For the Marine Option would you know if the ASVAB (AFQT?) is also required? He took the test as a Junior but didn't do so well so. He needs to actually study this time.
     
  8. USMCGrunt

    USMCGrunt Member

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    Gameengineer: something is getting lost in translation with the Marine recruiter. A PLC candidate will not go to bootcamp. Perhaps he meant the six week PLC session at Quantico? USMC bootcamp is either at Parris Island or San Diego. Many of them urge youngsters to enlist to improve their chances of getting a scholarship - DO NOT buy that pitch.

    Kinnem's advice is spot on.

    No need for the ASVAB test - not required.

    There are several former Marines and parents of current Marines on this forum. Feel free to reach out with questions.
     
  9. NavyHoops

    NavyHoops Moderator

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    Grunt and Kinnem are spot on as always. I am a former Marine via USNA. I would advise anyone in your shoes:

    Plan A - NROTC MO scholarship
    Plan B - No scholarship and enroll as a college programmer. Apply for side load every opportunity.
    Plan C - No scholarship, gain advanced standing
    Plan D - No scholarship/no advanced standing then apply to PLC
    Plan E - Do not get PLC, apply for OCC post graduation.

    Are you talking to an enlisted recruiter or OSO (officer)? Your son would not go to boot camp. Depending on the program he is selected for he would attend OCS in Quantico, VA. The big variable would be length of time and when he attends. Each program has slight nuances to this. He does not need to sign any contract with any recruiters, officer or enlisted, outside his NROTC paperwork. His actual NROTC contract would actually be signed with his MOI at school when the time comes. The MOIs at school generally have a good relationship with the area OSO. This twofold... helps PLC kids get USMC exposure via ROTC kids and ROTC kids who don't get contracted or advanced standing in via PLC or OCC. If he gets to Plan D his MOI at school would be able to help guide him.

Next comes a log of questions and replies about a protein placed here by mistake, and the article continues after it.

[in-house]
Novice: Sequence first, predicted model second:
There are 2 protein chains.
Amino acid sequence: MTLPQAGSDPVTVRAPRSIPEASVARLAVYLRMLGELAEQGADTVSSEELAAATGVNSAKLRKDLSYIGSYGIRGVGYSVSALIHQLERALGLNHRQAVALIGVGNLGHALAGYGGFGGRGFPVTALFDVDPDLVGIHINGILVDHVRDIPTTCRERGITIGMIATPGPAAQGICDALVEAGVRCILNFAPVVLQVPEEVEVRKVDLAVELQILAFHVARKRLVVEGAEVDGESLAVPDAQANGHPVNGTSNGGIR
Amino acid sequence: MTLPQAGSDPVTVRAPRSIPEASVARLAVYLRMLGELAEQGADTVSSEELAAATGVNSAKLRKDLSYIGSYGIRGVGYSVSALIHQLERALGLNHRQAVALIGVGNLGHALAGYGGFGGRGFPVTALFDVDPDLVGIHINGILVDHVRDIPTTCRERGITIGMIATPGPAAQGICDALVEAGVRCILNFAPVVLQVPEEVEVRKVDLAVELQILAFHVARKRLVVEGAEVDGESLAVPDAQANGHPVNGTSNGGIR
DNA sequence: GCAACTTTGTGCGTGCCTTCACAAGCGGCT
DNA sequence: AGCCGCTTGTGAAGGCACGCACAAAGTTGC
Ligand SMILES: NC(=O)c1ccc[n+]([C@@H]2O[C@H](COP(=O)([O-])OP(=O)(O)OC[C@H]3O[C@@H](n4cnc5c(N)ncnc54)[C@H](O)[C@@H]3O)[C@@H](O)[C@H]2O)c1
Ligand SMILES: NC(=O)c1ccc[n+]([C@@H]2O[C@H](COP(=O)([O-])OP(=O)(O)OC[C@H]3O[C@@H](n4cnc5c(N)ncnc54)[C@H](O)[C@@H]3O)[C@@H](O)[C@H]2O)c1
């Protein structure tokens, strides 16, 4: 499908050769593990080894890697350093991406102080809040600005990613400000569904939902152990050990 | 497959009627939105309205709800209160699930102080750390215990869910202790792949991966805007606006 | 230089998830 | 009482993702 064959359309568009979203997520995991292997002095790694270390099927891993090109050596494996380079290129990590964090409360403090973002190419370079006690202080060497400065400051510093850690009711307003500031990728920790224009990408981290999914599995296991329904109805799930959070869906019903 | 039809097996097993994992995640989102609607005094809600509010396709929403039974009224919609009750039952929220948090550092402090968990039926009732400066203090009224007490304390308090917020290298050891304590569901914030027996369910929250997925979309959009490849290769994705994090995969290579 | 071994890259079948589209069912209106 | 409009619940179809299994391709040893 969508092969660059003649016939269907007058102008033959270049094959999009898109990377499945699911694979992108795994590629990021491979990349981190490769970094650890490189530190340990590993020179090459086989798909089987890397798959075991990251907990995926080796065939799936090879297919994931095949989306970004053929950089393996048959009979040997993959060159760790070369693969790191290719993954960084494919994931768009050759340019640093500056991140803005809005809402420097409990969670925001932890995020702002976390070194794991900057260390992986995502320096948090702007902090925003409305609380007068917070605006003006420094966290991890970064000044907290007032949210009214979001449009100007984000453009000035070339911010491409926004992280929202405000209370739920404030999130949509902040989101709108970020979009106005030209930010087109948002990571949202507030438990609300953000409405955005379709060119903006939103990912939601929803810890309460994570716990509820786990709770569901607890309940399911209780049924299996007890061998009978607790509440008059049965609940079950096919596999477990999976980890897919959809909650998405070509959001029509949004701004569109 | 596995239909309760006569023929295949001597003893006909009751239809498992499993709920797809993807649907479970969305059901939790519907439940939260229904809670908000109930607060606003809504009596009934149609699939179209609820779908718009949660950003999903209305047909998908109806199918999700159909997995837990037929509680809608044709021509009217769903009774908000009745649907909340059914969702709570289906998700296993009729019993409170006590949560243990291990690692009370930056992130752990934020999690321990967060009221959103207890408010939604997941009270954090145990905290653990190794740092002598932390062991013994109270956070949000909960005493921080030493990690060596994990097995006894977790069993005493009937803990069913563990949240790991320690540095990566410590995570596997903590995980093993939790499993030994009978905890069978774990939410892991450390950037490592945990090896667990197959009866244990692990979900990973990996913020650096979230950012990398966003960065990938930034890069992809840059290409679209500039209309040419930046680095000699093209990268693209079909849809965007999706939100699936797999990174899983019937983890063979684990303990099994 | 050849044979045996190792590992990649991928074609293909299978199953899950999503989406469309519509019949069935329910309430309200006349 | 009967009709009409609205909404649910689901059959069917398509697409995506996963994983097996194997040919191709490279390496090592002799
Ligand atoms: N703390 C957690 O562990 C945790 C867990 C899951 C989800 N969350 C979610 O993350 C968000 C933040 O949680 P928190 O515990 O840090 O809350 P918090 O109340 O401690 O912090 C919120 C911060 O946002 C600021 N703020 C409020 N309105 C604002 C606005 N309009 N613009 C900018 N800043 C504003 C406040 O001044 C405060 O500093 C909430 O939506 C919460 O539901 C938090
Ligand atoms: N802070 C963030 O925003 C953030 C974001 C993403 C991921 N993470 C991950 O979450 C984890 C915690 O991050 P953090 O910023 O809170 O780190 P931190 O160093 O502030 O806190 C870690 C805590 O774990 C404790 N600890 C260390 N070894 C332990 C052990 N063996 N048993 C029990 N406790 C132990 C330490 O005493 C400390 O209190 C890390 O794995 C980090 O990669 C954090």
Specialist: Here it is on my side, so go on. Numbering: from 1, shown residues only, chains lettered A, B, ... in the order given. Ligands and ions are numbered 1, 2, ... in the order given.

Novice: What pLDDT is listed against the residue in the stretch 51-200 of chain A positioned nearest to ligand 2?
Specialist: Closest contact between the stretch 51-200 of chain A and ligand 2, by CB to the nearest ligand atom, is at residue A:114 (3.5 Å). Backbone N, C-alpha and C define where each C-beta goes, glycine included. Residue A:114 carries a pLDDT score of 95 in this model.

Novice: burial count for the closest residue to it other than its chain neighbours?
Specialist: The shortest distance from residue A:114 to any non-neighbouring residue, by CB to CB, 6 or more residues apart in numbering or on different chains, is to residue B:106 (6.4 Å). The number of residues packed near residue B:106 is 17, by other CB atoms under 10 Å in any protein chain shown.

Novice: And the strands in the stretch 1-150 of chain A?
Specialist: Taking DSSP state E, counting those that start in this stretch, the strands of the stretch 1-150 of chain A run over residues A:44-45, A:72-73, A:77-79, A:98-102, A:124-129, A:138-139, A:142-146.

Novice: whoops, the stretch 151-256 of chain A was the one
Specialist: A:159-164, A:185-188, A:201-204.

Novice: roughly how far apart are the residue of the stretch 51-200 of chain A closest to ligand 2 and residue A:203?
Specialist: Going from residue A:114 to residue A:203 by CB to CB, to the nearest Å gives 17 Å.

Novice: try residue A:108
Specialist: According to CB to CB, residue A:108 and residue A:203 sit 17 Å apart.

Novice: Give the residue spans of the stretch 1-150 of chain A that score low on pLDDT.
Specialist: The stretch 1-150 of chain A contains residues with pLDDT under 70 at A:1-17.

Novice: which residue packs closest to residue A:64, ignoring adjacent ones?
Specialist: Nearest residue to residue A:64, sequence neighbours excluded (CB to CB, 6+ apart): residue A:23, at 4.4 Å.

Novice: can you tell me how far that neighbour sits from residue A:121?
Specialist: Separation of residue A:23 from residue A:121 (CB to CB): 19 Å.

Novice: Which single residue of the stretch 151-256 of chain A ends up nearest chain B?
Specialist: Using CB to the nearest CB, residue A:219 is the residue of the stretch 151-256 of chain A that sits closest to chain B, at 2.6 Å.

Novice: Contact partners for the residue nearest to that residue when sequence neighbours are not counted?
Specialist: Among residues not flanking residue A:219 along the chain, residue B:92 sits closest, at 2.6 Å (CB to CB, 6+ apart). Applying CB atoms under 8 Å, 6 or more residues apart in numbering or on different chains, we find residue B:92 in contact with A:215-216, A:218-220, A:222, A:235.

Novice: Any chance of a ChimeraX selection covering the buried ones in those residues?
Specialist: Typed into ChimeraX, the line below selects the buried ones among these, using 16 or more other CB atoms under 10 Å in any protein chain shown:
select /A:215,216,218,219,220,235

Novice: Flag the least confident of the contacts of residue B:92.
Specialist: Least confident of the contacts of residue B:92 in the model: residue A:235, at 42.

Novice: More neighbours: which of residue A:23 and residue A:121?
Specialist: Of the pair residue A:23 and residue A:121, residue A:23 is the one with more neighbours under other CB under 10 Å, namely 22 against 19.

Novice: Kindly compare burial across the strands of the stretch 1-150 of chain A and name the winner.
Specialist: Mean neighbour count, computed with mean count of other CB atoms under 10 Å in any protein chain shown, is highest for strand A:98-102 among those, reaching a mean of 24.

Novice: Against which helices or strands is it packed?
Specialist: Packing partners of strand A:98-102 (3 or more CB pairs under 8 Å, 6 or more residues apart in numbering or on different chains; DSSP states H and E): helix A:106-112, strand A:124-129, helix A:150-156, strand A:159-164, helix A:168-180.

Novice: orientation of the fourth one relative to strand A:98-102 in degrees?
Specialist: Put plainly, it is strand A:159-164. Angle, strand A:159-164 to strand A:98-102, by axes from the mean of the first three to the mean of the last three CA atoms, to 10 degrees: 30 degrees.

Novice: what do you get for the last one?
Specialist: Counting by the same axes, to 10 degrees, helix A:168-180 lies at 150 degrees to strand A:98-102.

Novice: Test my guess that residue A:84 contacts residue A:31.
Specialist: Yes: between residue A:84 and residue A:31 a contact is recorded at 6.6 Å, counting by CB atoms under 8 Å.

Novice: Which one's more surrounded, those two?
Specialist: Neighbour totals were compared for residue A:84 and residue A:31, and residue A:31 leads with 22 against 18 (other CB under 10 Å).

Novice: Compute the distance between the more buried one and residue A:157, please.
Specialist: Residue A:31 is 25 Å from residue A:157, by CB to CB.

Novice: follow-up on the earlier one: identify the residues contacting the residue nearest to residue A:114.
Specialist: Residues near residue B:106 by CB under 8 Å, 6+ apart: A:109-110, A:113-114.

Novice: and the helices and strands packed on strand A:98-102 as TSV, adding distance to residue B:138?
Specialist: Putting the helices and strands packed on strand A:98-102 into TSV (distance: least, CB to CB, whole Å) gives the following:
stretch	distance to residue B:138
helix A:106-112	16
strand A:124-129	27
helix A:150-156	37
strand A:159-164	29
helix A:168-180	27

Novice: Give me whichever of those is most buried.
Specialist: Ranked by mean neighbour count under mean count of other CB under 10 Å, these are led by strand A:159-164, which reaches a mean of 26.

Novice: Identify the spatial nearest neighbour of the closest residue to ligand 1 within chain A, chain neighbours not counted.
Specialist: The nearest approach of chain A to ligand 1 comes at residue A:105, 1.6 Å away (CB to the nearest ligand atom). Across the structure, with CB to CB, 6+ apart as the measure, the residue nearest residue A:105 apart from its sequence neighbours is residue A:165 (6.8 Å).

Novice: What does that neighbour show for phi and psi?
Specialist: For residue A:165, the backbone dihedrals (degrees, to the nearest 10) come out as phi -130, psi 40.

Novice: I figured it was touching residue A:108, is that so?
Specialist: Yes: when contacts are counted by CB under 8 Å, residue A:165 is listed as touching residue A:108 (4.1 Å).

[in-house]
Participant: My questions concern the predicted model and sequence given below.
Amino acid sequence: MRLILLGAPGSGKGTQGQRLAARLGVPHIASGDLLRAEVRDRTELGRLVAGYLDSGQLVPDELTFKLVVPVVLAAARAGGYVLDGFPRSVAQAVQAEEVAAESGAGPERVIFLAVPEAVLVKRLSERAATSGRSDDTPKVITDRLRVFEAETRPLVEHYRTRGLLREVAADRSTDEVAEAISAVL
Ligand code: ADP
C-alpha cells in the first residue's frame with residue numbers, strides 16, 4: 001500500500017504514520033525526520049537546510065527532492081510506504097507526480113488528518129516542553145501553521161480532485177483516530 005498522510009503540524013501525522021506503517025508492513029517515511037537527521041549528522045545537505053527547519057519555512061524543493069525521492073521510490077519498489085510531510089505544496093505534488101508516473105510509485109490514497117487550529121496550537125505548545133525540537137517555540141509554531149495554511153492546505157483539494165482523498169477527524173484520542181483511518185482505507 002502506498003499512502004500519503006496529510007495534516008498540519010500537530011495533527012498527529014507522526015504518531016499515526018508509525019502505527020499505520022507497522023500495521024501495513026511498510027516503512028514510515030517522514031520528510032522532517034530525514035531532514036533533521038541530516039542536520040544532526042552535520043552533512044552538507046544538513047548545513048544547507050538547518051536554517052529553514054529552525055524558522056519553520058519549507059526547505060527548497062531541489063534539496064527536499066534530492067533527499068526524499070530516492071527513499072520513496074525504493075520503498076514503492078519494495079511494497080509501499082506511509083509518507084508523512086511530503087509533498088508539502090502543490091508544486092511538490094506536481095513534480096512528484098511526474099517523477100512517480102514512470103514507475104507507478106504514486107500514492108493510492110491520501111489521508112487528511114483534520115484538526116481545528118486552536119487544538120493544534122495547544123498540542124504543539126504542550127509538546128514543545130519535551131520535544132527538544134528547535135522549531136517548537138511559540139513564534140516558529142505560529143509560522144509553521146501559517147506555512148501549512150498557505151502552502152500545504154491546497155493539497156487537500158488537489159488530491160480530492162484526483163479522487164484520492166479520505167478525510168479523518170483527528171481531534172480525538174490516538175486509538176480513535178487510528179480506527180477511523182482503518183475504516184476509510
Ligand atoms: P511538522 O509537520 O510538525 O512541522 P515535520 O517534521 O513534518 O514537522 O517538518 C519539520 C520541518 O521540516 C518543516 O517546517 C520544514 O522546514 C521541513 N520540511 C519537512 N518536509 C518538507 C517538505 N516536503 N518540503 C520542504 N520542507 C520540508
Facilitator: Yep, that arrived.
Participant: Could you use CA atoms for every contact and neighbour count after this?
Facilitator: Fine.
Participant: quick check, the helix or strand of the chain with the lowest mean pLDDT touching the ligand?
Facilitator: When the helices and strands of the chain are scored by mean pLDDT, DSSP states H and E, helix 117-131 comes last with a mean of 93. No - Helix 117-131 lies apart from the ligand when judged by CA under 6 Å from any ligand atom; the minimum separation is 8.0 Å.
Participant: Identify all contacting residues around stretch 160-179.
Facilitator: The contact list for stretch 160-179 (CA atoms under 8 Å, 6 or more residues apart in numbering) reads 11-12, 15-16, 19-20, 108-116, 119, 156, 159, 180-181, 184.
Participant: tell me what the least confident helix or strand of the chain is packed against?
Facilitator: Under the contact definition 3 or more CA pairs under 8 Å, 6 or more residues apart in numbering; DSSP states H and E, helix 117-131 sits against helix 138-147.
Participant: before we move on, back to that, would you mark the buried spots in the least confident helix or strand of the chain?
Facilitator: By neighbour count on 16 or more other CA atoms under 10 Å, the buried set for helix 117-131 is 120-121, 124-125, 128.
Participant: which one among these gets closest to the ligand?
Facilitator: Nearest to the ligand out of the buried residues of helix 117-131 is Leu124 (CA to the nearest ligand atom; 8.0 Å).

AROTC-dad and USMCGrunt like this.
  10. Gameengineer

    Gameengineer New Member

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    "Many of them urge youngsters to enlist to improve their chances of getting a scholarship - DO NOT buy that pitch.:" Yes that must be it exactly.

    We are working with a Staff Sergeant with title of SNCOIC for the Marines Recruiting Sub-Station in El Cajon (ie, San Diego). Their office interacts with local high schools which I would guess is a common practice to try and recruit kids. In the same breath he's talking NROTC, PLC program and Marine boot camp, enlisting as a reservist to help pay for college.

    My son has done about 4 years in the Navy Sea Cadet Corp and this year has made Chief Petty Officer of his unit. He has wanted to be in the service from a young age. My son's Navy Sea Cadet county chapter leader encouraged him if he doesn't get Plan A then to go through college normally and then go directly for Plan E. But given the advice in this thread it seems he should continue in NROTC (even without a scholarship) and improve himself along way and try for the 2 or 3 year scholarships. Then when all else isn't working do PLC.

    Thanks so much USMCGrunt, NavyHoops and kinnem. My son is all too eager to listen to whatever his recruiter is telling him so I need to make sure he understands all of this.
     
  11. AROTC-dad

    AROTC-dad Just a dad

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    @Gameengineer ,
    Definitely follow Navy Hoops hierarchy.

    The Marines draw from USNA and NROTC/MO first. PLC (and OCS) are used to "top off" their mission needs for second lieutenants each year.

    A quick PLC recruiting story:

    DS had idolized the Marine Corps most of his life. Nominated to USNA, he was heartbroken to receive an April TWE. To further rub salt, he also was turned down for a NROTC/MO scholarship to an SMC. Even though he was accepted to the SMC, we could not afford for him to attend the SMC without the scholarship.